In view of the steep rise in onion prices across wholesale markets, the Central government has clamped down heavily on the trade. Last week, the government prescribed a stock limit of 25 tonnes and two tonnes for wholesale and retail traders respectively.
Onion trade across Nashik remained suspended on Tuesday, with traders refraining from auctioning, in protest against the stock limit imposed on the bulb by the Central government. Trade is likely to remain suspended till the issue is resolved, said Sohanlal Bhandari, director of Pimpalgaon Baswant market in Niphad taluka.
In view of the steep rise in onion prices across wholesale markets, the Central government has clamped down heavily on the trade. Last week, the government prescribed a stock limit of 25 tonnes (250 quintals) and two tonnes (20 quintals) for wholesale and retail traders respectively. This was done under the amended Essential Commodities Act, with government agencies talking about a 100 per cent year-on-year price rise in the commodity. Before these stock limits were imposed, the government had considerably eased import norms of the bulb, and back in September, exports had been banned.
Bhandari said the stock limit is non-feasible. “By the time the stock limits were announced, we had already procured more than 25 tonnes of onion in anticipation of the post-Dussehra demand from north and east Indian states,” he said. “Till the time we are unable to dispose (the stock), we will not be able to buy new stock, and thus, we have decided to suspend operations.”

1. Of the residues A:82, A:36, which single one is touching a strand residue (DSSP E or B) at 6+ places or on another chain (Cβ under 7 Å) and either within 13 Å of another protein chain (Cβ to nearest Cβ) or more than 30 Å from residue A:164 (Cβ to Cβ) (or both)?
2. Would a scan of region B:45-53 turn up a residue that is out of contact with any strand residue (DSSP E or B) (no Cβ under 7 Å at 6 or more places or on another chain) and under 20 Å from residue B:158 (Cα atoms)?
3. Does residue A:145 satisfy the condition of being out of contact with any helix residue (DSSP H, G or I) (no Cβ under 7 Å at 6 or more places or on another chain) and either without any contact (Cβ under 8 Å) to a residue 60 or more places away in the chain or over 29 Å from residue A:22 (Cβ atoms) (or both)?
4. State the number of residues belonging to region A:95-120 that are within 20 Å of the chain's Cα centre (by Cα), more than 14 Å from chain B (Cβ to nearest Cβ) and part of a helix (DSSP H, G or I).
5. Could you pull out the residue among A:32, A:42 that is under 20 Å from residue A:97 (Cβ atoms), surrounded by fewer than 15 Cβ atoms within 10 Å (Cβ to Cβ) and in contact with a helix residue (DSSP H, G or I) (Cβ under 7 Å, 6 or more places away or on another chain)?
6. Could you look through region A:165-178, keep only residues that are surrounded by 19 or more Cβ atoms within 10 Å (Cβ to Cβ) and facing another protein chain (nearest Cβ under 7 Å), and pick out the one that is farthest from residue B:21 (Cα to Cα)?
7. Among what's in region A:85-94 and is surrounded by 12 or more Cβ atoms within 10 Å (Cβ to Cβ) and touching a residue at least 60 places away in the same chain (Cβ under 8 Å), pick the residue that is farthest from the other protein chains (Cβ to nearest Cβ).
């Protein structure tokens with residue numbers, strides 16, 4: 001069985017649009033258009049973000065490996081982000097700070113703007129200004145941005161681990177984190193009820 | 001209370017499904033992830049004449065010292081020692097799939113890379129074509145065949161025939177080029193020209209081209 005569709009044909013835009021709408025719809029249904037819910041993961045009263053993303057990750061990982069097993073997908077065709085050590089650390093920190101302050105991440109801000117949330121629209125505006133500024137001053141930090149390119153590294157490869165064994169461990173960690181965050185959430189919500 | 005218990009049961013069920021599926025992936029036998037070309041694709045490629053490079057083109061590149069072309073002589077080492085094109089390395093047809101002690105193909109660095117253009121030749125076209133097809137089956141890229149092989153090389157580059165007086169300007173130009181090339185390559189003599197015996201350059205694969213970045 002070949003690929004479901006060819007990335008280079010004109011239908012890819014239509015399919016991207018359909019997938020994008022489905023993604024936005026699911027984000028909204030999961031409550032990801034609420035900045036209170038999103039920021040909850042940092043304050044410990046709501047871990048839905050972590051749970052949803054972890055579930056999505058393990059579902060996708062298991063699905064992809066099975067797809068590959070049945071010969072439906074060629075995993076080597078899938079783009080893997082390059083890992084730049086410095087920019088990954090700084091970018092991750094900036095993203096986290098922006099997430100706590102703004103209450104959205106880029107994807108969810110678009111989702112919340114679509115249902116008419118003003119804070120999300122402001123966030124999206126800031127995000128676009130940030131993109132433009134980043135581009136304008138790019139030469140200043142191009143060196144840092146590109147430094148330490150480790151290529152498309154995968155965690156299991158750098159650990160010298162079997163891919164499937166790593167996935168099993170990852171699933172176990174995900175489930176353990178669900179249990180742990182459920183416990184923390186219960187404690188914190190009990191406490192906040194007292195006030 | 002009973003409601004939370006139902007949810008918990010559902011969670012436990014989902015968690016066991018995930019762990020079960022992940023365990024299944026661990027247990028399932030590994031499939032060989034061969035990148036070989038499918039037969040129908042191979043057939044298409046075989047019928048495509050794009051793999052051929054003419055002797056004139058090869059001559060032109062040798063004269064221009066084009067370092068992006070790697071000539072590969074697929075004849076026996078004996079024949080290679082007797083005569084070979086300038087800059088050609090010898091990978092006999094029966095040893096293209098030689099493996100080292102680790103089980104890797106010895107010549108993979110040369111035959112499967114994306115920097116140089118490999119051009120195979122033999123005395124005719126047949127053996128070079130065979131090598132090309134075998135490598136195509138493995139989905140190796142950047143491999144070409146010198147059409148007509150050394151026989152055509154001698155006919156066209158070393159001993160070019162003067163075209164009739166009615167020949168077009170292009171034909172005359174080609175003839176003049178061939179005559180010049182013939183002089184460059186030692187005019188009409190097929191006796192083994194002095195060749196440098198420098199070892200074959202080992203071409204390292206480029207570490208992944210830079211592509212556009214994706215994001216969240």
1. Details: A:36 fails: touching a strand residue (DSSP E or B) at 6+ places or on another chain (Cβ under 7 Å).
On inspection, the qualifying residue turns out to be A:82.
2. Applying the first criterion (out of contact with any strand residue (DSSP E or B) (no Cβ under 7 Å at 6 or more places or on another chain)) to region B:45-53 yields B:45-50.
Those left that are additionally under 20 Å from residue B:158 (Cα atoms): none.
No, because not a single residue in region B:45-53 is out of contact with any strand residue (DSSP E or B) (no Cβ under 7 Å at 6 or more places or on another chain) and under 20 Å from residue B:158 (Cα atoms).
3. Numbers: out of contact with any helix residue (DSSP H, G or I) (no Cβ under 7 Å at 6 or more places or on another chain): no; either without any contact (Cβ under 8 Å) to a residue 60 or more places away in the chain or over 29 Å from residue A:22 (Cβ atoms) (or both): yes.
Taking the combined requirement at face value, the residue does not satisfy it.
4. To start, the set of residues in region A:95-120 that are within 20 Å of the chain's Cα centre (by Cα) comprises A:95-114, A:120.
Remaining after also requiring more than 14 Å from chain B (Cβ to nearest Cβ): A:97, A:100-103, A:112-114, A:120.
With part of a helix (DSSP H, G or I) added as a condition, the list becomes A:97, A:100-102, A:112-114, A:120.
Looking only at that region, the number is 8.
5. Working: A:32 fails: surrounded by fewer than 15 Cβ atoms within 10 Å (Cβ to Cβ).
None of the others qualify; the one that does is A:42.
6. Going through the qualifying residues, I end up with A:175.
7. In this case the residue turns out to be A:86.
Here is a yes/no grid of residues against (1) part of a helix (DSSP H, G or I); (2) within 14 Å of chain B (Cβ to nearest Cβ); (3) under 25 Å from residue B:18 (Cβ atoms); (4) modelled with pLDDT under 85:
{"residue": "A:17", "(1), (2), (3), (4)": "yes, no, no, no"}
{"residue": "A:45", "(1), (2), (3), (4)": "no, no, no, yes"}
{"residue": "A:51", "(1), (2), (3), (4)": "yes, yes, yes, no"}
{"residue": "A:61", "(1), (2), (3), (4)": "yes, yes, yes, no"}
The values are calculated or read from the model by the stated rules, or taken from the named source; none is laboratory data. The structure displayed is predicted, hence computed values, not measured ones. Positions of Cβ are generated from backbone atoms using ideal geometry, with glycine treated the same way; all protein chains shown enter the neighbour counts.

He added that wholesalers and retailers outside the state are in the same predicament, and have suspended trade as well.
Nashik’s wholesale traders play a pivotal role in the country’s onion supply chain, and buy onion in bulk to supply to markets across India. Traders claim 25 tonnes is too little, given the volume they trade in. In Lasalgaon’s wholesale market in Niphad taluka – the largest wholesale market for onion in the country – around 2,000 – 3,000 tonnes of the bulb is trader per day. In a bullish market, a majority of the produce is bagged by traders with deep pockets, who tend to play the market up in the days to come.
Over the last few years, wholesale traded price for onions in Nashik has been hovering between Rs 60 and Rs 65 per kg. This is mainly due to the supply pinch faced in production states like Karnataka and Maharashtra. Since the initiatives taken by the government, prices have been corrected by almost Rs 10 per kg.
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